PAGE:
University of Minnesota

“If It Isn’t Fun.” – Misery in Old Delhi

Cardiologists from around the world were gathering in New Delhi in fall of 1966 for the Fifth World Congress of Cardiology. I was delighted to sample the mystery and beauty of the Indian subcontinent and had every intention to enjoy this experience with savoir faire and gustatorial safety.

Not waiting to unpack my bags on arrival at the Grand Hotel Ashoka, I hailed a taxi for the American Embassy, where I requested a commissary card. I projected that, with a full larder of cereals, canned milk, packaged fruits, nuts, candies, crackers, cheeses, and bottles of mineral water, I would be able to eat sufficiently and also to explore Old Delhi with confident good health.

I was still hale by the time of the midweek congress gala, held under a magnificent tent the size of a football field, with brightly colored tassels and banners undulating in the light evening breeze. The setting was in a vast plain, the entire dramatic scene enveloped in the singular purple haze that usually lies over the dusty Indian landscape at the extremes of the day. Blazing flares attached to the internal tent supports created a festive air. Servants scurried between tables bearing huge, heavily laden trays. At the center of the tent was an immense cornucopia of exotic foods — steaming mounds of grains and curried rice; vast arrays of fowl, condiments, fruits, and cakes.

My hearty cardiological companions piled their plates high with these delicacies while I socialized and walked about with bottled mineral water in hand. We were happily bathed in exotic fragrances, romantic lighting, and elegant opulence. All of us sensed how special was that particular enchanted Indian evening.

But over the two or three days following the banquet, many colleagues were absent from the meetings. I heard reports about widespread intestinal rumblings and about some colleagues who had become quite ill. Meanwhile, I continued my plain, sterile, American-made snacks in quarters. Fully fit in the midst of the intestinal epidemic, I was able to attend all sessions and to plunge enthusiastically into excursions in the great city of Delhi.

On the fourth day of the congress, I left alone for a walk through Old Delhi, moving ever deeper into the teeming mass of people struggling to survive in that human inferno. The density of people, the intensity of color, the noisy chaos were overwhelming. Street vendors hawked their exotic foods, snake charmers wove their mysterious rhythms, and mendicants wailed their melancholic cries from every corner.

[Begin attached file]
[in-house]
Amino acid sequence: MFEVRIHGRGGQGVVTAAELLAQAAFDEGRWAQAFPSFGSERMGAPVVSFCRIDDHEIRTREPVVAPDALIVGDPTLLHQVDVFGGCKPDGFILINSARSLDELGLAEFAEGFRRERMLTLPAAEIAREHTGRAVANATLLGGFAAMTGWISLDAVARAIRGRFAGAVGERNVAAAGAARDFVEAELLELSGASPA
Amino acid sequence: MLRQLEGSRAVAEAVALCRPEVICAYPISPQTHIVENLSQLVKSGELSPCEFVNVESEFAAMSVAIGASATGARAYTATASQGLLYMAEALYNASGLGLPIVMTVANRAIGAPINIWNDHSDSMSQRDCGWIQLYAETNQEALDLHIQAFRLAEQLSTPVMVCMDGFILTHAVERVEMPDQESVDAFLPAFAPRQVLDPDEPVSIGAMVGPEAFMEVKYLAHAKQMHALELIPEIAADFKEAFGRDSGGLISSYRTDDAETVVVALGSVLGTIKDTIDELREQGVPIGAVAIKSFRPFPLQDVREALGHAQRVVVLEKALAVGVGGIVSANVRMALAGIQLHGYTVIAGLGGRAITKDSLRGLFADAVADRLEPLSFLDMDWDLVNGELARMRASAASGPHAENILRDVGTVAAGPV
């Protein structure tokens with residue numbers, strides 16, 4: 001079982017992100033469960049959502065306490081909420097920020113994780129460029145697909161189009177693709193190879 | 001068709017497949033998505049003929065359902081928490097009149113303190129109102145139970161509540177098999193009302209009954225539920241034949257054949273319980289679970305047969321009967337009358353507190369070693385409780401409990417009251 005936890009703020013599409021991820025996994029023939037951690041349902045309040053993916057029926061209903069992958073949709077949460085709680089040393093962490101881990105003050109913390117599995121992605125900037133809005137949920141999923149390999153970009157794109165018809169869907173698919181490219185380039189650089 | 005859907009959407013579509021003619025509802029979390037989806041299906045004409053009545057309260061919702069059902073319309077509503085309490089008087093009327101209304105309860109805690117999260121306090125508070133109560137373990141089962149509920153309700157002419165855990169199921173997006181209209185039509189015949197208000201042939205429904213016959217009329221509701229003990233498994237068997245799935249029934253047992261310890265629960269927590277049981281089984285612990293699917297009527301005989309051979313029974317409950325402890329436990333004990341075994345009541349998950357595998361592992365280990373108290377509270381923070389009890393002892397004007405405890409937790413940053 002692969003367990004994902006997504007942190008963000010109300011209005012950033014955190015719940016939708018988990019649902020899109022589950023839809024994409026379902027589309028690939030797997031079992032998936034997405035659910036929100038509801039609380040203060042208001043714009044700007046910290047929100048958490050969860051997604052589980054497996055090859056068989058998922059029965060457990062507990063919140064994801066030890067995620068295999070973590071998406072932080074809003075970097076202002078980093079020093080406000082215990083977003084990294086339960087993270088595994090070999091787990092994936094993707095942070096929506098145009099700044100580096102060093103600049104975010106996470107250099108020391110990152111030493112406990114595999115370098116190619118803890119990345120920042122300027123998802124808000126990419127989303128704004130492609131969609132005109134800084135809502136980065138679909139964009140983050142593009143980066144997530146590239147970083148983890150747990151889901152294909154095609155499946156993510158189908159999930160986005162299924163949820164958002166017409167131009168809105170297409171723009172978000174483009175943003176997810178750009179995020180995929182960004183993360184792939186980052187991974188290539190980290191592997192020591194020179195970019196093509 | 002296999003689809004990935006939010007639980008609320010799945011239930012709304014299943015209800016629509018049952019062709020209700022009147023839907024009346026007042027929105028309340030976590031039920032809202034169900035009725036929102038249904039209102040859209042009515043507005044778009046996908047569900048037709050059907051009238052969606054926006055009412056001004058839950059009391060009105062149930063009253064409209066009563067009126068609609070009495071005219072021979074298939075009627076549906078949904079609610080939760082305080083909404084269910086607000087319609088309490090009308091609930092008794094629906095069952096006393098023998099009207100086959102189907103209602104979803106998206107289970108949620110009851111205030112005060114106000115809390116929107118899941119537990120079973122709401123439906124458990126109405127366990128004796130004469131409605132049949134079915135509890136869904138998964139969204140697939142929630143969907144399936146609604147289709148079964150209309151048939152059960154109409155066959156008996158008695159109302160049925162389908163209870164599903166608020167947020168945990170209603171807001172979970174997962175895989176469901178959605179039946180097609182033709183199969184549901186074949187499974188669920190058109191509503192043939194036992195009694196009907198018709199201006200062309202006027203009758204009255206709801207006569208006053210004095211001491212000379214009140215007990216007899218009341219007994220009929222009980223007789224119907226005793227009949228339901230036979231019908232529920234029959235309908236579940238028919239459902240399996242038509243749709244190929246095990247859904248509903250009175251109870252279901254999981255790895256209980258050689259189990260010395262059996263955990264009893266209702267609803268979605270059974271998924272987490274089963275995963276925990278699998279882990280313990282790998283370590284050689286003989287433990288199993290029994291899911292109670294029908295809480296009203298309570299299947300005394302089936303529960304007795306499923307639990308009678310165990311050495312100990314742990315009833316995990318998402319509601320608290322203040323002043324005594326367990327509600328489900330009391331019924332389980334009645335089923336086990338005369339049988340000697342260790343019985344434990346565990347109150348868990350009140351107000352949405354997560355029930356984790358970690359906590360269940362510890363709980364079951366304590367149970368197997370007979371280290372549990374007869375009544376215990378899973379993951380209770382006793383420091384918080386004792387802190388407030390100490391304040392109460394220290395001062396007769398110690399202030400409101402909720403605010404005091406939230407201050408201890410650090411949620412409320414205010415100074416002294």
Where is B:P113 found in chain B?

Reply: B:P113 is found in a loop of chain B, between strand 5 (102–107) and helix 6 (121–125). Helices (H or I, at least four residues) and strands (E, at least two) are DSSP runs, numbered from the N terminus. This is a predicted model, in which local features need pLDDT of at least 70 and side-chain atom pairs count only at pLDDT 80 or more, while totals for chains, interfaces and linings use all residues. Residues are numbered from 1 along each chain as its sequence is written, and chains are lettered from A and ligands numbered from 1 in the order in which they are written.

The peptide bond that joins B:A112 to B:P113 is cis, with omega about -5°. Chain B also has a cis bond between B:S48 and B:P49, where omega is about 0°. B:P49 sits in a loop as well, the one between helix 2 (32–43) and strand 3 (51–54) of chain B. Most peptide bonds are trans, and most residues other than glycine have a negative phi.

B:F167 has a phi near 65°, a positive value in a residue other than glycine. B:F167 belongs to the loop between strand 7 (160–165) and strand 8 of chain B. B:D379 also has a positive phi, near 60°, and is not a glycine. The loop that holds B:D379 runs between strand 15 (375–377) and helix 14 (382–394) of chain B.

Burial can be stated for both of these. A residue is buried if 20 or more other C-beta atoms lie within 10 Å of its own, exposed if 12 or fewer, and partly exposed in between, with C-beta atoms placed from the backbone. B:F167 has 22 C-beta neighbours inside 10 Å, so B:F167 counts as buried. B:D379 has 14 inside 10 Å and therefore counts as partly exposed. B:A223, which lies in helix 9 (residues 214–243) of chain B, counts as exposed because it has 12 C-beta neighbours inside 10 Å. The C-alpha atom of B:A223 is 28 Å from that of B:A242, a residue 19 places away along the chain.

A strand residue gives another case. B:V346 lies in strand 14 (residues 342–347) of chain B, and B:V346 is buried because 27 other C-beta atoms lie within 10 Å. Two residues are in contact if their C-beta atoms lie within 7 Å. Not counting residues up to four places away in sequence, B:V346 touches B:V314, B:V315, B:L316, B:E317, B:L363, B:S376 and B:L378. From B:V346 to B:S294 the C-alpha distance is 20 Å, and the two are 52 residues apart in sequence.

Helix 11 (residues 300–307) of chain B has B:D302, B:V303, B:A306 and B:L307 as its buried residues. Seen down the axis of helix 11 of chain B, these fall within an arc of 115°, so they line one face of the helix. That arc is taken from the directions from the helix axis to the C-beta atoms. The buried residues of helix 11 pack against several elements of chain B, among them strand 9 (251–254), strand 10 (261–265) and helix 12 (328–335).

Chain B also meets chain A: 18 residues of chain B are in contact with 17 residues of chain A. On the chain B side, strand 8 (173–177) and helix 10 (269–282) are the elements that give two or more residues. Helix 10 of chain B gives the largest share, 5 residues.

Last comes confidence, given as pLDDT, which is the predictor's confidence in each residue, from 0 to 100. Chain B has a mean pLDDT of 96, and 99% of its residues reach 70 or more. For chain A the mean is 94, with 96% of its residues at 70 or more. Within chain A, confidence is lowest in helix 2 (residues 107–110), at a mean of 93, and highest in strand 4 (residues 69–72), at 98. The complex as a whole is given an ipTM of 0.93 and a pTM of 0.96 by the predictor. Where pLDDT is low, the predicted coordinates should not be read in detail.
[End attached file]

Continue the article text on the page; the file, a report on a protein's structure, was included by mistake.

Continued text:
Abruptly, a tiny figure appeared in the corner of my eye. It seemed to move when I moved and stop when I stopped. After a few blocks, I realized that my shadow was probably around age eight, round-faced, with soulful brown eyes. He started holding his hands out with the plaintive call, “Baksheesh!” I smiled but ignored him and continued on my way. He followed ever closer, but would back away quickly every time I stopped to peruse the sidewalk wares. He seemed to share my indecision in picking out green stones, purported to be jade, as gifts for my daughters. He seemed to experience my pleasure when I bought a heavy brass decorative chain for my wife. His eyes became huge as he saw me tumble for a colorful Indian wedding tent and inquire how much it might cost to send it home by sea. He seemed especially delighted when I bought the tent on the spot.

By then we had established a tenuous companionship. He seemed somehow assured that his faithfulness would “pay off” with a worthwhile tip at the end of our walk. That indeed was my intent. After a while, I stopped and became involved in conversation with the other lone Anglo-Saxon in this teeming center of Old Delhi, a street evangelist shouting his proselytizing nonsense, distributing his brochures to the masses of uninterested Hindi and Moslems.

Suddenly, I was horrified to see the flying body of my new little friend as it hurtled past my head, landed across the alley, then collapsed in a heap in the gutter. As I ran toward him, I turned toward the shouts to see a toothless old crone, a beggar whose territory my little shadow had unwittingly invaded as he followed me. I was almost upon the boy, to comfort him and give him that long awaited “baksheesh,” when he jumped up, looked in terror over my shoulder, and darted away, lost forever in the teeming crowd.

Stunned, I walked slowly and aimlessly away. Then, tears streaming down my face, quite overcome, I jogged all the way to my hotel where I packed my bags and departed directly for the airport. I felt that I simply couldn’t stand another hour midst the misery and the seemingly permanent hopelessness of that wretched society.

Since those days long ago, many of my friends have gone to India and found inspiration in its grandeur and solace in its philosophy. Others still go into the developing world to try to help peoples in need. The secret of those “successful” in such endeavors, such as Mother Teresa or Albert Schweitzer, is their intense focus on the single life before them, relieving the pain and suffering of individuals, one at a time. Noble and patient, they courageously pull drowning souls from the swift current, one by one. Yet they cannot touch the multitudes that continue to fall, or to be pushed, into the river upstream.

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